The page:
Lawyers: Moussaoui can't plead guilty

Lawyers for alleged 11 September conspirator Zacarias Moussaoui have argued that their client is incompetent to plead guilty to crimes that carry a possible death sentence.

    Zacarias Moussaoui can change his mind about pleading guilty

    The filing came hours ahead of a hearing before US District Judge Leonie Brinkema, who earlier in the week met Moussaoui and determined he was competent to enter such a plea.


    In the latest twist in a case that has been full of them, Moussaoui's lawyers filed papers under seal at the federal courthouse in Alexandria, Virginia, titled, "Sealed Suggestion of Defense Counsel as to Defendant's Incompetence to Plead Guilty and for a Sentence of Death".


    Moussaoui's lawyers declined to comment but previously had said such a filing was planned.


    Moussaoui, a French citizen, is the only person charged in the United States in connection with the 11 September 2001 attacks that killed nearly 3,000 people.




    The hearing was scheduled after Moussaoui sent Brinkema a letter saying he wanted to plead guilty.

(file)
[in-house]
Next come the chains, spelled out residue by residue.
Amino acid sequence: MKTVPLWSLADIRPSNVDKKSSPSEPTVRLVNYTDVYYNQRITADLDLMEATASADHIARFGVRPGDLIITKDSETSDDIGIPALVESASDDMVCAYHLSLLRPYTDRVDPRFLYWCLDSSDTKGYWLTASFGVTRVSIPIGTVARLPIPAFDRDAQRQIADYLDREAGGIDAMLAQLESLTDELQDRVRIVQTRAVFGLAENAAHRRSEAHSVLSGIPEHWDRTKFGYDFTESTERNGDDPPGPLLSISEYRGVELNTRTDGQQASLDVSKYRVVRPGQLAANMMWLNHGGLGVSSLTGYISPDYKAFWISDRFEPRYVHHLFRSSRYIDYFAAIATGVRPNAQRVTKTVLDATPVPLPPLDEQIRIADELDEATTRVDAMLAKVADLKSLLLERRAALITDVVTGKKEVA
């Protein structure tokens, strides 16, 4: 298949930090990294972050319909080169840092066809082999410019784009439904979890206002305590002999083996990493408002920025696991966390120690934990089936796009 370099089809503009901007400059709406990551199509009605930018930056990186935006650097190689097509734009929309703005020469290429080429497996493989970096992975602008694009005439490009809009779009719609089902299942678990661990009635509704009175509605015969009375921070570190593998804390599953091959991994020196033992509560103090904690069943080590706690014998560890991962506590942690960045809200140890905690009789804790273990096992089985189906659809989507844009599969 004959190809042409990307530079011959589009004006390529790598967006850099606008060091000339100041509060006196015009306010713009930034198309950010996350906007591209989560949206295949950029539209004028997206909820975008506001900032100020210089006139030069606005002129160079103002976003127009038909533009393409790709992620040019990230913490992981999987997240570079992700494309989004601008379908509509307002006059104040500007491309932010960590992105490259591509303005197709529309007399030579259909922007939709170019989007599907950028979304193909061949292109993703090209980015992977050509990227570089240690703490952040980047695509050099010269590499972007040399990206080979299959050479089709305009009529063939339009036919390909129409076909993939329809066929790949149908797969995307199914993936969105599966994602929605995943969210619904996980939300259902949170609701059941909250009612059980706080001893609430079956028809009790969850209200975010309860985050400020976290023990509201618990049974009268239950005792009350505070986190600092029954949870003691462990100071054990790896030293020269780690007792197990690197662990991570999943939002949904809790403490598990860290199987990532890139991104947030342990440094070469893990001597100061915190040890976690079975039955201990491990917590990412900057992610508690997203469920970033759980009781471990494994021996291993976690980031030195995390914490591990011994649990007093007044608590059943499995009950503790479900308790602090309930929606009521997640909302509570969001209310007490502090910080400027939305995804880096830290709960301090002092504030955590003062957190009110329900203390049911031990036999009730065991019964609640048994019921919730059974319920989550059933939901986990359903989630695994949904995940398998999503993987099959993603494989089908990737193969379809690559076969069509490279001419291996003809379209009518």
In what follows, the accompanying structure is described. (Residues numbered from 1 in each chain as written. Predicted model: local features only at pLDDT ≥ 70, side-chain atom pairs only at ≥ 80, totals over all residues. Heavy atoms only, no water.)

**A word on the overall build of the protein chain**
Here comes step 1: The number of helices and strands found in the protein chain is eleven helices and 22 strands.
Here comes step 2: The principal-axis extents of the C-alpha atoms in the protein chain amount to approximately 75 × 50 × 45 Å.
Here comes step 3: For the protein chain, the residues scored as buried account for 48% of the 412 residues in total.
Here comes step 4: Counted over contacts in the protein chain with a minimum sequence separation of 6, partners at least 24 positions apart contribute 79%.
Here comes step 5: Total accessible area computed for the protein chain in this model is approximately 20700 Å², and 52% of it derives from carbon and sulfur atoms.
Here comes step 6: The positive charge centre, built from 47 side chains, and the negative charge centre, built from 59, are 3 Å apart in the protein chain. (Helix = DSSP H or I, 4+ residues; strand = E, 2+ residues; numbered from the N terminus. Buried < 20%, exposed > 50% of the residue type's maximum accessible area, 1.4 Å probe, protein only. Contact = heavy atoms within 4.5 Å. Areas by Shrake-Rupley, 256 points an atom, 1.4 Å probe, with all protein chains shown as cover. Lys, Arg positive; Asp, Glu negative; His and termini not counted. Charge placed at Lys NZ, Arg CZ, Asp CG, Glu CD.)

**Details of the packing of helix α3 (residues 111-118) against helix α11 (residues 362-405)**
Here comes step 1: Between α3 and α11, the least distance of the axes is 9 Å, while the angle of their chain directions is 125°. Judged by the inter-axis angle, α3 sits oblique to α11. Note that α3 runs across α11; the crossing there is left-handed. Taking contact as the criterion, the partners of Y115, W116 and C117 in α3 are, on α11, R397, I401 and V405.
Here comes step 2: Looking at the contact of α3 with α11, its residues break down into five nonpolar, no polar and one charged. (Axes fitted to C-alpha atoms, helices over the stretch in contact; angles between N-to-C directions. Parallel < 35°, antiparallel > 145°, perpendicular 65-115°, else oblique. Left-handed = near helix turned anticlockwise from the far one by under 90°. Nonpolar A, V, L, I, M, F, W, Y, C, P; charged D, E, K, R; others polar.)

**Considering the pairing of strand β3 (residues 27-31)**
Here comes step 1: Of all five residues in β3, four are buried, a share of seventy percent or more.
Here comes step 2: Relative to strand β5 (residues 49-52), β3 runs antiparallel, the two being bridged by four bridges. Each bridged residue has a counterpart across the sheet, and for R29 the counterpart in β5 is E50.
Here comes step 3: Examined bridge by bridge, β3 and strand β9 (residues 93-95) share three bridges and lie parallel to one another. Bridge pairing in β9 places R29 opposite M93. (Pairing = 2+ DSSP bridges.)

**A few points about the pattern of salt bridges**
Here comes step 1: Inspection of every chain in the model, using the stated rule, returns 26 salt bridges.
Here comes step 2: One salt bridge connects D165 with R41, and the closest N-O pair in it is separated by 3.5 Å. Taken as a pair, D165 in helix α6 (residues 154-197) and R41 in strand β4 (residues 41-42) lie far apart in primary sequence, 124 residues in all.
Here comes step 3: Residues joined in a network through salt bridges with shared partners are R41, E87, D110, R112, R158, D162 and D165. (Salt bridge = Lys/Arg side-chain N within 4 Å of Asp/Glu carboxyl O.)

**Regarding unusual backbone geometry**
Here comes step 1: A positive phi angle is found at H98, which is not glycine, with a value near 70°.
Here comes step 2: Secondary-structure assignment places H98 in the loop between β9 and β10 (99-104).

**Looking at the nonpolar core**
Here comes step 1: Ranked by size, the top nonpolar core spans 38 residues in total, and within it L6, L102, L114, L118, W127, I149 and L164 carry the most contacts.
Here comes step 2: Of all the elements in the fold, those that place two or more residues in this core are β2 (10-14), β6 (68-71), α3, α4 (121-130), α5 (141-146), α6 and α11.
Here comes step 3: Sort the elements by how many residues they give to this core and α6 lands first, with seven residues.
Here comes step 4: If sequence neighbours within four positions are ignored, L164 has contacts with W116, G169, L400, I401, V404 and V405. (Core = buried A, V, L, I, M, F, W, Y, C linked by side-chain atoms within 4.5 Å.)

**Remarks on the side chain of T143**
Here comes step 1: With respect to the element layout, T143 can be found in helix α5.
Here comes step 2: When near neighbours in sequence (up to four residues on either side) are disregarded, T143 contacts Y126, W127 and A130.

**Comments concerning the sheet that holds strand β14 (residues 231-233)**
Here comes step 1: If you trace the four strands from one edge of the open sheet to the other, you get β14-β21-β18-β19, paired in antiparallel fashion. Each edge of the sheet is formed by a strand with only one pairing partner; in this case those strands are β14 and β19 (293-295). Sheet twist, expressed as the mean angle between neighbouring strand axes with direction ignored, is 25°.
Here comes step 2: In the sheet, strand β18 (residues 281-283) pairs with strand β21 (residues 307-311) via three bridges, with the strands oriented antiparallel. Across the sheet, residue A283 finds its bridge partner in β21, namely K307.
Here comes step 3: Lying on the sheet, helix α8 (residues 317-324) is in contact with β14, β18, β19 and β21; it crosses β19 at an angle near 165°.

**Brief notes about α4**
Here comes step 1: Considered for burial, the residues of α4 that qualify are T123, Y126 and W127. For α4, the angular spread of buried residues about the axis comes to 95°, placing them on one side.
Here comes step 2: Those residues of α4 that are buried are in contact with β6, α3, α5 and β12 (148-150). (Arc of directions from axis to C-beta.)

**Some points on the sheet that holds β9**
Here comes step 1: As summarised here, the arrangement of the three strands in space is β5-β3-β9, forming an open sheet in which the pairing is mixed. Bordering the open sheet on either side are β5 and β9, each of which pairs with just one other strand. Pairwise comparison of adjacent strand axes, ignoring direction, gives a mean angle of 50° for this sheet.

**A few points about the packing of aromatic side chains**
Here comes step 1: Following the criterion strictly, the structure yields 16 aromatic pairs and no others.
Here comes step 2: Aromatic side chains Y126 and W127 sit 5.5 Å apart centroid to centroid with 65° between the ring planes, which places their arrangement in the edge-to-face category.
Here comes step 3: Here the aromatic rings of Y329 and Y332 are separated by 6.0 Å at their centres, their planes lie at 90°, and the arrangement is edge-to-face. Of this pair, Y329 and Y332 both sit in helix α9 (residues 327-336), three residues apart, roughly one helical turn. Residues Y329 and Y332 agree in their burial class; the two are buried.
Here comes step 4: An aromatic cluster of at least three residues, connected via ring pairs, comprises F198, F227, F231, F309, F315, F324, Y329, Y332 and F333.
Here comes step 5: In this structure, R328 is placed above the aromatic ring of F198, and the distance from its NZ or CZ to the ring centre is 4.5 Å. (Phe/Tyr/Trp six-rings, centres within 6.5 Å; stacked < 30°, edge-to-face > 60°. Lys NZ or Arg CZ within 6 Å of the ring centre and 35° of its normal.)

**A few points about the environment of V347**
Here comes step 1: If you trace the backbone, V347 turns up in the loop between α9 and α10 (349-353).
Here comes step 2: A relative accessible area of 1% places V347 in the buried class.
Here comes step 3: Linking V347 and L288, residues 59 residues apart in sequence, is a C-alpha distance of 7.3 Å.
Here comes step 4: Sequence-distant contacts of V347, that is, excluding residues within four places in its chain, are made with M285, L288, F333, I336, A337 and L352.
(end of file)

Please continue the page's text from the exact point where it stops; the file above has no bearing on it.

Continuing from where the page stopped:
Moussaoui is an accused in the
    11 September attacks

    The mercurial Moussaoui still could change his mind about pleading guilty, which he did once before.


    Picked up in August 2001 after arousing suspicion at a Minnesota flight school, Moussaoui was transformed from an immigration violator into a terrorist defendant three months after the 11 September attacks.


    Moussaoui's criminal trial was to have been an evidentiary showcase of al-Qaida. Those plans would be scuttled by Friday's scheduled guilty plea to a six-count indictment.


    Jumping past a trial, the lawyers Moussaoui tried to fire would eventually be defending him in a penalty phase proceeding, a sort of mini-trial before 12 jurors who will

    decide whether to spare his life.


    Some legal experts say Moussaoui's decisions seem to make no sense, unless he wants to die.


    Moussaoui is charged with conspiracy to commit acts of terrorism, commit aircraft piracy, destroy aircraft, murder government employees and destroy property. The first four charges carry a maximum sentence of death.

    SOURCE: Unspecified


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